The jury found defendant guilty of two counts of second degree robbery and of the lesser included misdemeanor offense of throwing a substance at a

9 Cal.5th 626

motor vehicle without intent to cause injury. Following a bench trial on the prior serious felony conviction allegation, which the trial court found to be true, defendant was sentenced to nine years in prison.

When defendant's appeal was pending, the Legislature enacted sections 1001.35 and 1001.36 as part of Assembly Bill No. 1810 (2017-2018 Reg. Sess.) (Assembly Bill 1810), an omnibus budget bill. (Stats. 2018, ch. 34, § 24.) Section 1001.36 gives trial courts the discretion to grant pretrial diversion for individuals suffering from certain mental health disorders. ( § 1001.36, subd. (a).) As part of the budget bill, the diversion statute became effective immediately.

The Court of Appeal concluded that section 1001.36 applies retroactively to all nonfinal judgments. It also determined that defendant is entitled to a limited remand because his case is not yet final on appeal and the record demonstrates that he appears to satisfy at least one of the statute's threshold eligibility requirements, a diagnosed and qualifying mental disorder. ( § 1001.36, subd. (b)(1)(A).) On these grounds, the court conditionally reversed defendant's conviction and sentence and remanded the matter to the trial court to conduct a mental health diversion eligibility hearing under section 1001.36. ( Frahs , supra , 27 Cal.App.5th at p. 792, 238 Cal.Rptr.3d 483.)

II. DISCUSSION

A. The Mental Health Diversion Statute

Section 1001.36 authorizes a pretrial diversion program for defendants with qualifying mental disorders. The statute defines

264 Cal.Rptr.3d 296

" ‘pretrial diversion’ " as "the postponement of prosecution, either temporarily or permanently, at any point in the judicial process from the point at which the accused is charged until adjudication, to allow the defendant to undergo mental health treatment ...." ( § 1001.36, subd. (c).) The stated purpose of the diversion statute "is to promote all of the following: [¶] (a) Increased diversion of individuals with mental disorders to mitigate the individuals’ entry and reentry into the criminal justice system while protecting public safety. [¶] (b) Allowing local discretion and flexibility for counties in the development and implementation of diversion for individuals with mental disorders across a continuum of care settings. [¶] (c) Providing diversion that meets the unique mental health treatment and support needs of individuals with mental disorders." ( § 1001.35, subds. (a) - (c).)

As originally enacted, section 1001.36 provided that a trial court may grant pretrial diversion if it finds all of the following: (1) the defendant suffers from a qualifying mental disorder; (2) the disorder played a significant

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  • People v. Gentile, S256698
    • United States
    • United States State Supreme Court (California)
    • December 17, 2020
    ...( People v. Conley (2016) 63 Cal.4th 646, 657, 203 Cal.Rptr.3d 622, 373 P.3d 435 477 P.3d 552 ( Conley ); see People v. Frahs (2020) 9 Cal.5th 618, 628–629, 264 Cal.Rptr.3d 292, 466 P.3d 844 ; Estrada , at p. 745, 48 Cal.Rptr. 172, 408 P.2d 948.) However, when ameliorative legislation sets ......
  • People v. Sims, D077024
    • United States
    • California Court of Appeals
    • January 12, 2021
    ...‘the Legislature can ordinarily enact laws that apply retroactively, either explicitly or by implication.’ ( People v. Frahs (2020) 9 Cal.5th 618, 627, 264 Cal.Rptr.3d 292, 466 P.3d 844 ( Frahs ).) To determine whether a law is meant to apply retroactively, the role of a court is to determi......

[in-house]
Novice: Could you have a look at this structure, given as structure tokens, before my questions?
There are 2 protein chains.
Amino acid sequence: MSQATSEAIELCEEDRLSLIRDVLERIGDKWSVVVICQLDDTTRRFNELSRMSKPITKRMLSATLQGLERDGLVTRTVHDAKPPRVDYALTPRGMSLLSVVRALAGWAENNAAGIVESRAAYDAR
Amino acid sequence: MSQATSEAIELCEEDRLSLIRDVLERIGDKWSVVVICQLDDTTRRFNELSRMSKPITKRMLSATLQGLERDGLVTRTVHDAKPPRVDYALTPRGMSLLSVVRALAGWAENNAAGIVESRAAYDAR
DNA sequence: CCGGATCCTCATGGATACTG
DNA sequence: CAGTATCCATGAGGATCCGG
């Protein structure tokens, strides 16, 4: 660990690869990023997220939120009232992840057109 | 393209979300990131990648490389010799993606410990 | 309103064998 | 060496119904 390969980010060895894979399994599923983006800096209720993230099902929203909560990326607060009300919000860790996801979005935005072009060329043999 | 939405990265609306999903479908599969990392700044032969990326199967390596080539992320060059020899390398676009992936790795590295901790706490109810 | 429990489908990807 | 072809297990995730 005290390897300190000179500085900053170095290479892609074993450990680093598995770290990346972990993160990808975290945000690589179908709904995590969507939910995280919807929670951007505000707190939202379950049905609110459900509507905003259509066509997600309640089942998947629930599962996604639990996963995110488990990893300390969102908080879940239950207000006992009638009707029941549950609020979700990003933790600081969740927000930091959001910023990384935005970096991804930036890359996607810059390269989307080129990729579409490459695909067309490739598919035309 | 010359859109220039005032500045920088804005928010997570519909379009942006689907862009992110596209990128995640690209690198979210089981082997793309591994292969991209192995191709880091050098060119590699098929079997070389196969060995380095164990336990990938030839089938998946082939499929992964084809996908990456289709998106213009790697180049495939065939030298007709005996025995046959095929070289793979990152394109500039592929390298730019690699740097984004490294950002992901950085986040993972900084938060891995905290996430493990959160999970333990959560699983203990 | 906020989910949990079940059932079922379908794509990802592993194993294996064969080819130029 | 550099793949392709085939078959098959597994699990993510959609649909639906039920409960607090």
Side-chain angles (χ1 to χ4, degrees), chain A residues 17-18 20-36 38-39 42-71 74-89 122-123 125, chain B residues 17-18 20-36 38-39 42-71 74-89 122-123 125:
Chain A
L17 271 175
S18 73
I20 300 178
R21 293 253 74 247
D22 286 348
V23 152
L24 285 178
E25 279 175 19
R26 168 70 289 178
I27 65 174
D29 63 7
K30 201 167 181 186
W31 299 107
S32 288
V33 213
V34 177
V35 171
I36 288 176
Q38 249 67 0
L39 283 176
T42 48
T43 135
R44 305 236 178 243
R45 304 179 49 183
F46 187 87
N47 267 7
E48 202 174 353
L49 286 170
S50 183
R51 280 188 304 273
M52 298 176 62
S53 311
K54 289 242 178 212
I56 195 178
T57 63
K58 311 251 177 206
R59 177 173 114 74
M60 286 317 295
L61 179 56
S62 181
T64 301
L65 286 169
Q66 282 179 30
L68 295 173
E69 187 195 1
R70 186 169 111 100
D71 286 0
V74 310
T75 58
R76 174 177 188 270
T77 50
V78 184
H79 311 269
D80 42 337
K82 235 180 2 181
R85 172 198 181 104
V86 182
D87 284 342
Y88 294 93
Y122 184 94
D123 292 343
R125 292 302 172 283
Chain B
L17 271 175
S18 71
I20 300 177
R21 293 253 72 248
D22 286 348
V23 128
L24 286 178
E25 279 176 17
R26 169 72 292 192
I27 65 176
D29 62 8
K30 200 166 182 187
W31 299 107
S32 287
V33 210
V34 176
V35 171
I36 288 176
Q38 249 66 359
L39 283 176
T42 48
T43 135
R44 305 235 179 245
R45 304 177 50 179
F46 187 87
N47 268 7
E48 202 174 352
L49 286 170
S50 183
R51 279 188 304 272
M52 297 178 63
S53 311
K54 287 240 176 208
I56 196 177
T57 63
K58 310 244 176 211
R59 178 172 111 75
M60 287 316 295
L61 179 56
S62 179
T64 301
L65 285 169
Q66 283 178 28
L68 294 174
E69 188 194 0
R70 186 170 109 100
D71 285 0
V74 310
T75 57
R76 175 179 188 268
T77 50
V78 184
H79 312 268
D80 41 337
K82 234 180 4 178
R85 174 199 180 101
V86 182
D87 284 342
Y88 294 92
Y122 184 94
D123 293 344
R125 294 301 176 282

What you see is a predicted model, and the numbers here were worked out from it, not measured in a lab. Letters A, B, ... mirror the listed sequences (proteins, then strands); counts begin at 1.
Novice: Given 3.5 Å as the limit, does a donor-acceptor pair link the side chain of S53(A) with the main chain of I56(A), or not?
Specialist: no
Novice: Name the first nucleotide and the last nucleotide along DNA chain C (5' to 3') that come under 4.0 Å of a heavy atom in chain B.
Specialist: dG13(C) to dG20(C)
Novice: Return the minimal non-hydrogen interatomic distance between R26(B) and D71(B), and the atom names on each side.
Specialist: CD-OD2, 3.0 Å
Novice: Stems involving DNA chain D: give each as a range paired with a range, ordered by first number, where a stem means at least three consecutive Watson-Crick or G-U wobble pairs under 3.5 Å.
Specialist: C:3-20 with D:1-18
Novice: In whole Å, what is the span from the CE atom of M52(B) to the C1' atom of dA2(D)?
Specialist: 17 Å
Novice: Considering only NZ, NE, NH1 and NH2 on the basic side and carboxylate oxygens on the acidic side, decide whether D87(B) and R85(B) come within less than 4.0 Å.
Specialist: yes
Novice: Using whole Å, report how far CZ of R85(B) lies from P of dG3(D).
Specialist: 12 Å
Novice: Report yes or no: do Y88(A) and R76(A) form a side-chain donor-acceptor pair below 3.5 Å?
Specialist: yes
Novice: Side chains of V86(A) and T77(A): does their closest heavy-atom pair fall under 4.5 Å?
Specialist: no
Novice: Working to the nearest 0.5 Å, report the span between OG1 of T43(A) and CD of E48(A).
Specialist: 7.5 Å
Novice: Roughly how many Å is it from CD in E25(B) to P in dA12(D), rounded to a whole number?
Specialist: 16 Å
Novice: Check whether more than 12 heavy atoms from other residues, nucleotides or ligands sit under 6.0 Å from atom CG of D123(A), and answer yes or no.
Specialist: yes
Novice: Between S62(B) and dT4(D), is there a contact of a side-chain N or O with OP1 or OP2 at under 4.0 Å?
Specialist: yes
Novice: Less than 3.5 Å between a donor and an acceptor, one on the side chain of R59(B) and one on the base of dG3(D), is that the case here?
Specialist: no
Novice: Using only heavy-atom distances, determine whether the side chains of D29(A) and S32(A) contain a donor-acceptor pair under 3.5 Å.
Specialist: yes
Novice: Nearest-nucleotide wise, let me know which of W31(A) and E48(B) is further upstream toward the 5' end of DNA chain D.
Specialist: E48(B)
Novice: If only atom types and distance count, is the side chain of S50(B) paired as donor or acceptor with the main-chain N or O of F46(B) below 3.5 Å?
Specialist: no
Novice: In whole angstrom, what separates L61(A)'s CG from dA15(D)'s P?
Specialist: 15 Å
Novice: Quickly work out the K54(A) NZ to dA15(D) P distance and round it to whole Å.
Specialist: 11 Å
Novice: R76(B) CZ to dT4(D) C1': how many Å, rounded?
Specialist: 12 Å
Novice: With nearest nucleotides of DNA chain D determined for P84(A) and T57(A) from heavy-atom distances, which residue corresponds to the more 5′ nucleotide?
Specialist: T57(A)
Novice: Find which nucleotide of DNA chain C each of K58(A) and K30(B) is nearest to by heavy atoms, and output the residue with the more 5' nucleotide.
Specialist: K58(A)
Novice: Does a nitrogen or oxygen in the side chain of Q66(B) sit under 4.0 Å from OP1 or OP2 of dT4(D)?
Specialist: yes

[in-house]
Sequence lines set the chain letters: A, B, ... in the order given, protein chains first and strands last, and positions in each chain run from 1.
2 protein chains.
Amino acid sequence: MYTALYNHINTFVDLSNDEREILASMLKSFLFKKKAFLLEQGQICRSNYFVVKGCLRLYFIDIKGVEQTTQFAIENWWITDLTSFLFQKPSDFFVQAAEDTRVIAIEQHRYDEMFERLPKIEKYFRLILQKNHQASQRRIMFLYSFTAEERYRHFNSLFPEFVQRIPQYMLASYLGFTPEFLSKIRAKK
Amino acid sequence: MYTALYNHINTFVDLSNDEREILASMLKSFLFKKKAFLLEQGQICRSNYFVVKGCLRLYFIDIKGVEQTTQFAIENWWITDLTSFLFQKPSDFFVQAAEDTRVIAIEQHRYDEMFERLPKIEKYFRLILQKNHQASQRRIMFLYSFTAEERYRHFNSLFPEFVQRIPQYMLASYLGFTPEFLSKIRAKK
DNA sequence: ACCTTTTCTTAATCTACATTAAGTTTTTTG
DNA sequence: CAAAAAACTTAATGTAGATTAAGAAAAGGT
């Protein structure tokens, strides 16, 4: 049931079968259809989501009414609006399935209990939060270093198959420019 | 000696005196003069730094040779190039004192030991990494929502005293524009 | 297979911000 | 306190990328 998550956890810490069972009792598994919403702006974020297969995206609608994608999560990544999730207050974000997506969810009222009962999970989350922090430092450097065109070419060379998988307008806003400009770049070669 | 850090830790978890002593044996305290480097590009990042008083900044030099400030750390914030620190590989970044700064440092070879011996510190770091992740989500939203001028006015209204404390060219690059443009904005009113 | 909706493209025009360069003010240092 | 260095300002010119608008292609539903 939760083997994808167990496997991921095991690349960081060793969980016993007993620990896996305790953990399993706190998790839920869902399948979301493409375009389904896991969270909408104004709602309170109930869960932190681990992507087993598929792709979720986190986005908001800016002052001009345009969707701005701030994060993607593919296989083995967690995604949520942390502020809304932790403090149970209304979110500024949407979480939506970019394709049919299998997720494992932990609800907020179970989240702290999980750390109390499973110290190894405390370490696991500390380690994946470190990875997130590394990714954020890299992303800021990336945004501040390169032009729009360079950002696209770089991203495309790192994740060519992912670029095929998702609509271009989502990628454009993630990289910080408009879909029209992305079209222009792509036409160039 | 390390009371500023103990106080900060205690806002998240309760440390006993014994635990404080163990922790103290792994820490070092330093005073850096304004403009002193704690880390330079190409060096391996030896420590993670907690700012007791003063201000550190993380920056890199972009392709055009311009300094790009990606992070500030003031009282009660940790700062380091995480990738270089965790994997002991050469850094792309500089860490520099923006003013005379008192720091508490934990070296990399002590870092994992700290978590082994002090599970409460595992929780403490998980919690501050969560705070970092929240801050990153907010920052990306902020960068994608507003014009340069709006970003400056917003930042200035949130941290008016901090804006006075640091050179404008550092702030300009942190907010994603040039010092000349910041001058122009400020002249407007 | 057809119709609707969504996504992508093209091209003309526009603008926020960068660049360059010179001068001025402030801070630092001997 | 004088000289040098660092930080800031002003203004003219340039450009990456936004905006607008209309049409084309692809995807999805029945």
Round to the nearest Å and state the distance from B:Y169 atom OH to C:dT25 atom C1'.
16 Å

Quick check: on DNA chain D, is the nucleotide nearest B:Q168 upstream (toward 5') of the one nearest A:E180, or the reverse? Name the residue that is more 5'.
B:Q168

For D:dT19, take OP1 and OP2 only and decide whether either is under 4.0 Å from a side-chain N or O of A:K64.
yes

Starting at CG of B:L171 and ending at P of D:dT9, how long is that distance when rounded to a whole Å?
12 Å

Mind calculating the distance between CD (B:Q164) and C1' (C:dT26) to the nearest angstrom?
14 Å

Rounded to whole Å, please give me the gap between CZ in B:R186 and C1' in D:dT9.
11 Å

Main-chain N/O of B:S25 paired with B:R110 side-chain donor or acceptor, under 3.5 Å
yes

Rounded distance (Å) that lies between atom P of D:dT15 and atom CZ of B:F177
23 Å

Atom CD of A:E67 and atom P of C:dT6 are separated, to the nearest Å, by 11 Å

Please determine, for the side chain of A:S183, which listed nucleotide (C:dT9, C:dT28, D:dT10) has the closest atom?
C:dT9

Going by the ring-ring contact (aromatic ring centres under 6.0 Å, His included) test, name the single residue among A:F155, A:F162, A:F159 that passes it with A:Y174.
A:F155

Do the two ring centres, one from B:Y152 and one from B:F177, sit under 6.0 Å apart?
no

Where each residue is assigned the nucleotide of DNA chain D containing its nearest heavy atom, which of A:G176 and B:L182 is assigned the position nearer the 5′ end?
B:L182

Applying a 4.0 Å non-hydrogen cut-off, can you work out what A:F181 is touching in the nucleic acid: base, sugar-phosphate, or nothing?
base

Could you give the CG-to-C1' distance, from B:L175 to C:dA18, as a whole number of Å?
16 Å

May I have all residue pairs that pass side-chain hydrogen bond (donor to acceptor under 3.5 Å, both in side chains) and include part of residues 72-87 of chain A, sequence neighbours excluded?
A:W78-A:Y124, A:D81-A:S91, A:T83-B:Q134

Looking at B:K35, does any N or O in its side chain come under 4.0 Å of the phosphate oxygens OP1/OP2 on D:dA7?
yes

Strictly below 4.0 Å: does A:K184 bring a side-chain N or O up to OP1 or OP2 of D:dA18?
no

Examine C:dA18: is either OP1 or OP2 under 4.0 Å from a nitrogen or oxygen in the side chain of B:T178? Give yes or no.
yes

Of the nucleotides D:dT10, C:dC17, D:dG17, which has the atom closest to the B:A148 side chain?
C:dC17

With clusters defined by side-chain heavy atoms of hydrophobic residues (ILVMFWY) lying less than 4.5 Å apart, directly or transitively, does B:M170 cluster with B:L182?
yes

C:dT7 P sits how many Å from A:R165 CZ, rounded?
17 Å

• People v. Flores, F081903
    • United States
    • California Court of Appeals
    • April 12, 2022
    ..." ( Stamps, supra , 9 Cal.5th at p. 698, 264 Cal.Rptr.3d 769, 467 P.3d 168 ; accord, 292 Cal.Rptr.3d 493 People v. Frahs (2020) 9 Cal.5th 618, 627–628, 264 Cal.Rptr.3d 292, 466 P.3d 844 ( Frahs )), and "[t]he Penal Code provides that ‘[n]o part of it is retroactive, unless expressly so decl......
  • Tan v. Superior Court of San Mateo Cnty., A163715
    • United States
    • California Court of Appeals
    • March 10, 2022
    ...laws when it enacts a statute and intends to enact a consistent body of rules. ( People v. Frahs , supra , 9 Cal.5th at p. 634, 264 Cal.Rptr.3d 292, 466 P.3d 844 ; People v. Superior Court (Zamudio) (2000) 23 Cal.4th 183, 199, 96 Cal.Rptr.2d 463, 999 P.2d 686.) Yet section 1001.95 does not ......
  • Request a trial to view additional results
324 cases
  • People v. Gentile, S256698
    • United States
    • United States State Supreme Court (California)
    • December 17, 2020
    ...( People v. Conley (2016) 63 Cal.4th 646, 657, 203 Cal.Rptr.3d 622, 373 P.3d 435 477 P.3d 552 ( Conley ); see People v. Frahs (2020) 9 Cal.5th 618, 628–629, 264 Cal.Rptr.3d 292, 466 P.3d 844 ; Estrada , at p. 745, 48 Cal.Rptr. 172, 408 P.2d 948.) However, when ameliorative legislation sets ......
  • People v. Sims, D077024
    • United States
    • California Court of Appeals
    • January 12, 2021
    ...‘the Legislature can ordinarily enact laws that apply retroactively, either explicitly or by implication.’ ( People v. Frahs (2020) 9 Cal.5th 618, 627, 264 Cal.Rptr.3d 292, 466 P.3d 844 ( Frahs ).) To determine whether a law is meant to apply retroactively, the role of a court is to determi......
  • People v. Flores, F081903
    • United States
    • California Court of Appeals
    • April 12, 2022
    ..." ( Stamps, supra , 9 Cal.5th at p. 698, 264 Cal.Rptr.3d 769, 467 P.3d 168 ; accord, 292 Cal.Rptr.3d 493 People v. Frahs (2020) 9 Cal.5th 618, 627–628, 264 Cal.Rptr.3d 292, 466 P.3d 844 ( Frahs )), and "[t]he Penal Code provides that ‘[n]o part of it is retroactive, unless expressly so decl......
  • Tan v. Superior Court of San Mateo Cnty., A163715
    • United States
    • California Court of Appeals
    • March 10, 2022
    ...laws when it enacts a statute and intends to enact a consistent body of rules. ( People v. Frahs , supra , 9 Cal.5th at p. 634, 264 Cal.Rptr.3d 292, 466 P.3d 844 ; People v. Superior Court (Zamudio) (2000) 23 Cal.4th 183, 199, 96 Cal.Rptr.2d 463, 999 P.2d 686.) Yet section 1001.95 does not ......
  • Request a trial to view additional results